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Re: CVE-2017-14482 - Red Hat Customer Portal

From: Mario Castelán Castro
Subject: Re: CVE-2017-14482 - Red Hat Customer Portal
Date: Mon, 25 Sep 2017 16:11:04 -0500
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On 24/09/17 09:42, Óscar Fuentes wrote:
> It seems that you think that formal verification says that the software
> is correct. That's in theory. Practice is different, as usual.

This depends on what exactly is meant by “correct”.

If by “correctness” it is meant a formula in *formal logic*, then yes,
we can prove that the program behaves correctly.

If by “correct” it is meant an informal concept, then proving
correctness is in general not possible because a specification in formal
logic is required to prove anything. One may believe that one has
formalized correct behavior but later one finds that the formalization
does not accurately capture the informal concept.

The cases of the “bugs” mentioned in the paper you referenced are error
in formalizing “correct behavior”. That this is possible is not breaking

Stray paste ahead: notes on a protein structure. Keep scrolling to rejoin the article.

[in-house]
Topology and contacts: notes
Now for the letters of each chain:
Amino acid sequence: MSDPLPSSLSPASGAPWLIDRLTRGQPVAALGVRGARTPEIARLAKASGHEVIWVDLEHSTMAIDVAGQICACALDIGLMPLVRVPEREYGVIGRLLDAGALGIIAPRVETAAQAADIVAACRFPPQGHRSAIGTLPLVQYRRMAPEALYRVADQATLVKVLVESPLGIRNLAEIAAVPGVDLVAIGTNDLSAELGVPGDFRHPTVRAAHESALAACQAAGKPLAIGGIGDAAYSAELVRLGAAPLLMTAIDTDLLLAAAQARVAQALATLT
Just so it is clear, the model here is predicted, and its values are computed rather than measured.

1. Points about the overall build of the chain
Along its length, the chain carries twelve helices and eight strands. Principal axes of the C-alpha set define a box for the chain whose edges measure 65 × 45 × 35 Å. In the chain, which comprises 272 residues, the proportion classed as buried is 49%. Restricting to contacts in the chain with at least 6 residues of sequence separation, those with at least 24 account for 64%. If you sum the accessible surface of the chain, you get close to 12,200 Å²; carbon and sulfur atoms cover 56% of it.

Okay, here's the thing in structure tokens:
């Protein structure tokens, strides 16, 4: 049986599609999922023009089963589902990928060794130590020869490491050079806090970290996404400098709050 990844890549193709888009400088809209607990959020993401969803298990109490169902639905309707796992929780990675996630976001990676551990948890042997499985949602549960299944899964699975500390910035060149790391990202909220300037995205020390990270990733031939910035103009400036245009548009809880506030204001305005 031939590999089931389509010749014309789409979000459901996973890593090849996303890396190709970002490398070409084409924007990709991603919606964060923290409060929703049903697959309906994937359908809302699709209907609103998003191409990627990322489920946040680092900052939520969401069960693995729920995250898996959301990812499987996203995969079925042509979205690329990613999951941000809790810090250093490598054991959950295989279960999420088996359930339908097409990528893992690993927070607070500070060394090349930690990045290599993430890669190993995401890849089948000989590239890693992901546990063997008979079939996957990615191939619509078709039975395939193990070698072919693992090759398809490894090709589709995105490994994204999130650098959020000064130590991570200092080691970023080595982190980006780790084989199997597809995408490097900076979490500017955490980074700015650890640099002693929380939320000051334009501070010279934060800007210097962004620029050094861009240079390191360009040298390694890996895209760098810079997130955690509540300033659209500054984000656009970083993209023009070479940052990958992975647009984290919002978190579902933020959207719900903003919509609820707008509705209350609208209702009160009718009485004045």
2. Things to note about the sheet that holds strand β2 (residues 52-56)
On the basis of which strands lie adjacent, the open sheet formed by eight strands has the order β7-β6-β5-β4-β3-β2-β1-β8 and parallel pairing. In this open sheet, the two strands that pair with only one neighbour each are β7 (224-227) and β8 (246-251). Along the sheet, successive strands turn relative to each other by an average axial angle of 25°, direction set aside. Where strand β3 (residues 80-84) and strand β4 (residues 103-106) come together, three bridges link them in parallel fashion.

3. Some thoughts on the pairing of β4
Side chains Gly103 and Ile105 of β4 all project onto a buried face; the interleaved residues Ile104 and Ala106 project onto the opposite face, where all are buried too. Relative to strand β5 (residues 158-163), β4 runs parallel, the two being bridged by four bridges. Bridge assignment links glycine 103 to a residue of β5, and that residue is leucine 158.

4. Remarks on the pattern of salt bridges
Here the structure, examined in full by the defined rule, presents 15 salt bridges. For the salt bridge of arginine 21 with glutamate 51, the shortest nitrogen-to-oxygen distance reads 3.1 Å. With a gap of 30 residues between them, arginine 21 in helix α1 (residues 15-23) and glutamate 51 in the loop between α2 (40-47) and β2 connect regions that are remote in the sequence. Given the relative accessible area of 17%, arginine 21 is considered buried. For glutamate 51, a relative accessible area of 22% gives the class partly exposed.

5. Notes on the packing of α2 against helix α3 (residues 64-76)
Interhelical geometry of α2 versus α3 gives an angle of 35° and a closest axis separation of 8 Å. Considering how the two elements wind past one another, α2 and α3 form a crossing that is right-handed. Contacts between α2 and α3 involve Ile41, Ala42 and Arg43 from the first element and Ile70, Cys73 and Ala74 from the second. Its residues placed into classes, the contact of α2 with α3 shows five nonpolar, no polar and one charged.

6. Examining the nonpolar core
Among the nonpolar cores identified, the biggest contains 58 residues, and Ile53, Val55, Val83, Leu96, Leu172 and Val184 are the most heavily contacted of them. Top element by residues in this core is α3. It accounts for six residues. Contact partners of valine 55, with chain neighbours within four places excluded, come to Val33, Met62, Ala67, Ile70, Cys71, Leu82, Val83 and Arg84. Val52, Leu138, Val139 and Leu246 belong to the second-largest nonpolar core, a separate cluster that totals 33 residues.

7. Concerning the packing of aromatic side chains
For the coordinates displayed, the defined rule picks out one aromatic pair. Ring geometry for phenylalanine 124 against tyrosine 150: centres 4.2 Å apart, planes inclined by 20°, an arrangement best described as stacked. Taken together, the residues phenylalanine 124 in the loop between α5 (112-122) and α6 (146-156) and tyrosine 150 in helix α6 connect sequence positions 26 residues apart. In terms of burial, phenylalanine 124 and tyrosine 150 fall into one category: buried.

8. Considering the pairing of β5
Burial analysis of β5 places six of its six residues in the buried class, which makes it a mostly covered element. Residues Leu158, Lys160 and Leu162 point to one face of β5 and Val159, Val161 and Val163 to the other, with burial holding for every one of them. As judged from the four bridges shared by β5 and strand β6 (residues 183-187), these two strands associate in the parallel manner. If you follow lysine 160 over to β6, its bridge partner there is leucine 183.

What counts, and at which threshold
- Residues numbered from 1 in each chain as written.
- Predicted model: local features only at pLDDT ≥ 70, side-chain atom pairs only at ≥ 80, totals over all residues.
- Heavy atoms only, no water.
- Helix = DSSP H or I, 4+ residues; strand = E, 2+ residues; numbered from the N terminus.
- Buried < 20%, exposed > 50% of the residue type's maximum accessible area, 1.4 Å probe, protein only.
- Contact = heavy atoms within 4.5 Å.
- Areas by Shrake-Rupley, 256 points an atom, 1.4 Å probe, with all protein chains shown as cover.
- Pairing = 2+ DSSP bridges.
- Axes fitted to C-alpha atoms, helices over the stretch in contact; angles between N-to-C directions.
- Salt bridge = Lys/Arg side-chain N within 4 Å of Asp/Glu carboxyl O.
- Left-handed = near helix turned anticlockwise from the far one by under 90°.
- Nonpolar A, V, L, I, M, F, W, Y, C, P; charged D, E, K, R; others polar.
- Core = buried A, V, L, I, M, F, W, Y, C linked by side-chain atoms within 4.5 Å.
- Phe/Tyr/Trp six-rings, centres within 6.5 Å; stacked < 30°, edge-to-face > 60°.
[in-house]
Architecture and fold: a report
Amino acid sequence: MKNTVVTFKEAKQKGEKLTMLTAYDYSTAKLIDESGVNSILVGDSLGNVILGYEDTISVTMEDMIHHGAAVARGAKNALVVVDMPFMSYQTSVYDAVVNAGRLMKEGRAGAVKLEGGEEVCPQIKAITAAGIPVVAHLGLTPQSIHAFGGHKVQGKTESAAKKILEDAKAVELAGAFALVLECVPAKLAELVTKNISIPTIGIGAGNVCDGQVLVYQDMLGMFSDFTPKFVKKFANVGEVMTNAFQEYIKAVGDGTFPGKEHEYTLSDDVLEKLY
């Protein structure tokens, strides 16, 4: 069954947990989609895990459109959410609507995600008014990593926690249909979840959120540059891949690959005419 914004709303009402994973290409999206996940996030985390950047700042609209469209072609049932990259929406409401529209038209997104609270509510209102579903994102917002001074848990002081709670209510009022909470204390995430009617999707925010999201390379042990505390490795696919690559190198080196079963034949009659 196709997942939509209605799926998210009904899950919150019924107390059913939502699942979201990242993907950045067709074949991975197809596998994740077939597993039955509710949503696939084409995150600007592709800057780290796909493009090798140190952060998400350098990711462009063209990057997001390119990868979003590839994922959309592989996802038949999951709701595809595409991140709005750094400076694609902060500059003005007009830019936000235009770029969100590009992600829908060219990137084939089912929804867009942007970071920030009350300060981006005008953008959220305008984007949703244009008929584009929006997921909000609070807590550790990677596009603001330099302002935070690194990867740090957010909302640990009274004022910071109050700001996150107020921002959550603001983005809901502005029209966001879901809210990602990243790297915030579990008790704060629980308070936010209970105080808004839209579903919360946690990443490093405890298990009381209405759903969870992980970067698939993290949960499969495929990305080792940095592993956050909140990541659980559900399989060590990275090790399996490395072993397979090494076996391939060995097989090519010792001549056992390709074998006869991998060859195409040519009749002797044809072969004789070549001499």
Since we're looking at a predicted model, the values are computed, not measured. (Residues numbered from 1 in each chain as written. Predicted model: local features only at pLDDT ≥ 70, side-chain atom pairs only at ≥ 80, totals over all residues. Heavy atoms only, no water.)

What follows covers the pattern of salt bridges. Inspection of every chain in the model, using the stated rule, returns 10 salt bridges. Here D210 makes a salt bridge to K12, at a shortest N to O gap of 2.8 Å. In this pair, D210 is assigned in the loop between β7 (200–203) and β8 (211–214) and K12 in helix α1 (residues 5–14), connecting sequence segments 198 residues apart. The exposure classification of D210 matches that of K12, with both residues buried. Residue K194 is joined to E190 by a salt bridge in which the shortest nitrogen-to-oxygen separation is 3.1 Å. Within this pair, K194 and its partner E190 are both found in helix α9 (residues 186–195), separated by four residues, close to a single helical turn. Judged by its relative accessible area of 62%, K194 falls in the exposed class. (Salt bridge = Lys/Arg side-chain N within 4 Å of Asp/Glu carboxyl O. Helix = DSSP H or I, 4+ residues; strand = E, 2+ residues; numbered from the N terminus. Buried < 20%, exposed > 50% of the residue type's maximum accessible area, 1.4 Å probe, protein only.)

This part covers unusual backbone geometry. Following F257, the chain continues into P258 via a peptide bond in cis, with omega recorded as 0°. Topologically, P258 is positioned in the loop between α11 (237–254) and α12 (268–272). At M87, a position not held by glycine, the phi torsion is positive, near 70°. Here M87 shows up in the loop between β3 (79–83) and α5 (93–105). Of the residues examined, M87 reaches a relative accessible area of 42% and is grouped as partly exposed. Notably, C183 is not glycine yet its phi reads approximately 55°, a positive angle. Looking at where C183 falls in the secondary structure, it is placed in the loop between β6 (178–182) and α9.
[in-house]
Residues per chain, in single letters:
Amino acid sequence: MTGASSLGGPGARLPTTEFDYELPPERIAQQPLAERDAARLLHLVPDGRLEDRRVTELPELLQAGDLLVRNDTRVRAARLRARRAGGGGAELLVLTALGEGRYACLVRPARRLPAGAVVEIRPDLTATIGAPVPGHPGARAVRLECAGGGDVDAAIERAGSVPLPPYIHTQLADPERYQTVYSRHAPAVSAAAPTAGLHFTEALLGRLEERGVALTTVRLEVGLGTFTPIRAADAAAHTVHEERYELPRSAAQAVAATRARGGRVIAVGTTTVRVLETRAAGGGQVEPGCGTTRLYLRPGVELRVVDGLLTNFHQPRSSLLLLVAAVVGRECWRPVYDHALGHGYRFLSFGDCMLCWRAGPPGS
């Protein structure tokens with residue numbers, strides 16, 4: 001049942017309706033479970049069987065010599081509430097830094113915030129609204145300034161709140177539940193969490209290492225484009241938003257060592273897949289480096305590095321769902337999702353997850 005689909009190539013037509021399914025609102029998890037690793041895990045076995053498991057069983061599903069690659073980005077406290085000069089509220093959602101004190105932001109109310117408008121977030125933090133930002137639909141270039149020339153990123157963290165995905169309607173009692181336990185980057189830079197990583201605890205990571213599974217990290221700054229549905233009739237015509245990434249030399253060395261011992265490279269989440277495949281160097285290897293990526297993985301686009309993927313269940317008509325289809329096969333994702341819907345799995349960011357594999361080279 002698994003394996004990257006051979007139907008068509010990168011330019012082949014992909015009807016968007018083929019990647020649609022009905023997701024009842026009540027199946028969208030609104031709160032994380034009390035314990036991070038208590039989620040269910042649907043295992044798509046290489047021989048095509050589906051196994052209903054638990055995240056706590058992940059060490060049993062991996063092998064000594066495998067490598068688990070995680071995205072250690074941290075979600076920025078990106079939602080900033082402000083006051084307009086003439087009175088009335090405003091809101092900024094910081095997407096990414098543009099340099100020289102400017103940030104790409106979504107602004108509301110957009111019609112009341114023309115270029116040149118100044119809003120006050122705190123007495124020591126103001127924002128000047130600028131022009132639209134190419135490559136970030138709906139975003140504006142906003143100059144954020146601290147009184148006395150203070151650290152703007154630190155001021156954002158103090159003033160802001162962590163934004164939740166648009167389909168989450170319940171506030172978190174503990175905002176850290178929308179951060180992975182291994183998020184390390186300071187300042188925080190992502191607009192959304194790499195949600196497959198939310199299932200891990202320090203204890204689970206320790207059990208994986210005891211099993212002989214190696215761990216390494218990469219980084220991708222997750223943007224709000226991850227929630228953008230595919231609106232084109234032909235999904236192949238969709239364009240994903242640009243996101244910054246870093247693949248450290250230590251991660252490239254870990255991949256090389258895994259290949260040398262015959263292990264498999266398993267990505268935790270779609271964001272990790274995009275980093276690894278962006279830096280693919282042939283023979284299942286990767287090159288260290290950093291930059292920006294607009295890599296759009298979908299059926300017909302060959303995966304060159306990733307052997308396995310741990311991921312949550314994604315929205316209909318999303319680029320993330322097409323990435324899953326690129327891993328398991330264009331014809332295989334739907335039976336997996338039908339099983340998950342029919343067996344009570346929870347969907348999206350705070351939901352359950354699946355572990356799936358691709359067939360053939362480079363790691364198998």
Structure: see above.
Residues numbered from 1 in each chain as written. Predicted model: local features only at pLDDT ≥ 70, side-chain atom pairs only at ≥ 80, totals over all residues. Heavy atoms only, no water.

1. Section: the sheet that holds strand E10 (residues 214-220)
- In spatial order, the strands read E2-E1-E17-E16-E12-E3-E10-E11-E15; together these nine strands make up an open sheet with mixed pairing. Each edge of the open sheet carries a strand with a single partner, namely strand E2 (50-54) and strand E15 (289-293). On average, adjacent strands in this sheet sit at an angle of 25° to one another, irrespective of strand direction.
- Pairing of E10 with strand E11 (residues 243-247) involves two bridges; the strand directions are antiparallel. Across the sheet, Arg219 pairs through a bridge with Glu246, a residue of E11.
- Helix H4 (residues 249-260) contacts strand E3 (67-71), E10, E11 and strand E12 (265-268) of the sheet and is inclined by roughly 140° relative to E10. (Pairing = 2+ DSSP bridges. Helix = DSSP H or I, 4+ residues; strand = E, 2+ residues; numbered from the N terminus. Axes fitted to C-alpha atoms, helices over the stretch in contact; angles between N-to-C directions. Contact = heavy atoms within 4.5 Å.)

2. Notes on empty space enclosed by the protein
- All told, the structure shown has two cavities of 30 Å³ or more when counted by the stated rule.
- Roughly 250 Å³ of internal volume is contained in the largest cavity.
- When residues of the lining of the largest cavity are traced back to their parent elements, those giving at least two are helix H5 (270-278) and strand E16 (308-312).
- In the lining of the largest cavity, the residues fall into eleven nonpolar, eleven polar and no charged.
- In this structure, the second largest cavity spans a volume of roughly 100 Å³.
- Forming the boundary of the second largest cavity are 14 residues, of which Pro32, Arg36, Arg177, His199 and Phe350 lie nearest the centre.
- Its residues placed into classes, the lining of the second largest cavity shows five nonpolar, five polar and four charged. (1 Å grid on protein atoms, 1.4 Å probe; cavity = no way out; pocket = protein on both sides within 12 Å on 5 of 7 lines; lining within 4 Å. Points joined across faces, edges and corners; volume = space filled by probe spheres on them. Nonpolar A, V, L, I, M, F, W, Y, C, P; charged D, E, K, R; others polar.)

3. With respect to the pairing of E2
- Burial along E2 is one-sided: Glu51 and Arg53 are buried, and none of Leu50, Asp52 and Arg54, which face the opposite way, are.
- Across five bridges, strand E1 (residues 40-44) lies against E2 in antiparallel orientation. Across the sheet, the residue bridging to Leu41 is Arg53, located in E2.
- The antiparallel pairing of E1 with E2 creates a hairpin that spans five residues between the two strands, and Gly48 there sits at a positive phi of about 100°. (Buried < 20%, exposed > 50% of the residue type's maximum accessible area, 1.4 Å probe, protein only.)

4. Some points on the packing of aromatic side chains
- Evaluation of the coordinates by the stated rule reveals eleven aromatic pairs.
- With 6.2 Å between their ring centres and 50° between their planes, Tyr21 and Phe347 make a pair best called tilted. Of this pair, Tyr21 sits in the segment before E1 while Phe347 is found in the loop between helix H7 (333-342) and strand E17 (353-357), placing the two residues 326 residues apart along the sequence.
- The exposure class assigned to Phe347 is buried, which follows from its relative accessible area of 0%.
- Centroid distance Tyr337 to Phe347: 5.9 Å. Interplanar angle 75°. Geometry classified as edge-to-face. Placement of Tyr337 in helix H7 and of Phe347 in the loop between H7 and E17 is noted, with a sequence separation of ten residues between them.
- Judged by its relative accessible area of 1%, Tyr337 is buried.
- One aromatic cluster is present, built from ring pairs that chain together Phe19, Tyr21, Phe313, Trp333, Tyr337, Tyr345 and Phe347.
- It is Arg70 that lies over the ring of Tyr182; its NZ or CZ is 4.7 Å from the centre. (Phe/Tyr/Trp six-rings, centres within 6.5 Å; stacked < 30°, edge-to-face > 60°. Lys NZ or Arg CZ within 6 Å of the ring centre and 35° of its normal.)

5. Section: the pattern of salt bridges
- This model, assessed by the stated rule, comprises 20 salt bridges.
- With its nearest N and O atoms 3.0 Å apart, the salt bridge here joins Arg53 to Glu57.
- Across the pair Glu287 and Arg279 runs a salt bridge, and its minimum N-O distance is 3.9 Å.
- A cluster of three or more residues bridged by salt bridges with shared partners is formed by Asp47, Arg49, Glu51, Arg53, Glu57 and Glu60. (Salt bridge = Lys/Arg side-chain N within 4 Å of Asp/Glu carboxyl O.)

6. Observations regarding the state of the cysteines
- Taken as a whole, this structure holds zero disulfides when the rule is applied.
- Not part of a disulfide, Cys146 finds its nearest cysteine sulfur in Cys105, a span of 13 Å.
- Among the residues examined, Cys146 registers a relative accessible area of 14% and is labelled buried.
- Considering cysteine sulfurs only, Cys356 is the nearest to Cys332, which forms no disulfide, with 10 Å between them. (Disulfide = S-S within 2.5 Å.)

news, as you seem to think. This is a caveat well known to anybody
involved in formal verification.

Specifically, several of those “bugs” are errors in describing the
behavior of the environment in which the program is assumed to run. One
possible view in this circumstance is that the program *is* correct, but
it was run in an environment where the formal guarantees does not apply.
This is similar as how one can prove the implication that *if* ‘X’ is a
real number *then* ‘X^2≥0’. Suppose somebody applies the conclusion
where the antecedent fails; for example, in the complex numbers, then
the conclusion is false, but so is the antecedent, so there is no
contradiction here.

There is also the issue of having a fundamentally unsound logic. We can
reason about this risk as follows: The underlying logic of many proof
assistants is, or can, be proved sound (note that soundness implies
consistency) assuming that ZFC is consistent. In turn we have reasons to
believe that ZFC is consistent (I will not elaborate on that because it
deviates too much from the original topic of this conversation).

> Instead of writing a lengthy explanation about why formal verification
> can't be a guarantee about the correctness of a piece of sotware, I'll
> simply reference a study about failures on verified systems:

The paper is of interest to me. Thanks for bringing it into my
attention. I only took a glance but maybe I will eventually read it with
detail. The blog post is just padding; you should have linked the paper

Do not eat animals; respect them as you respect people.

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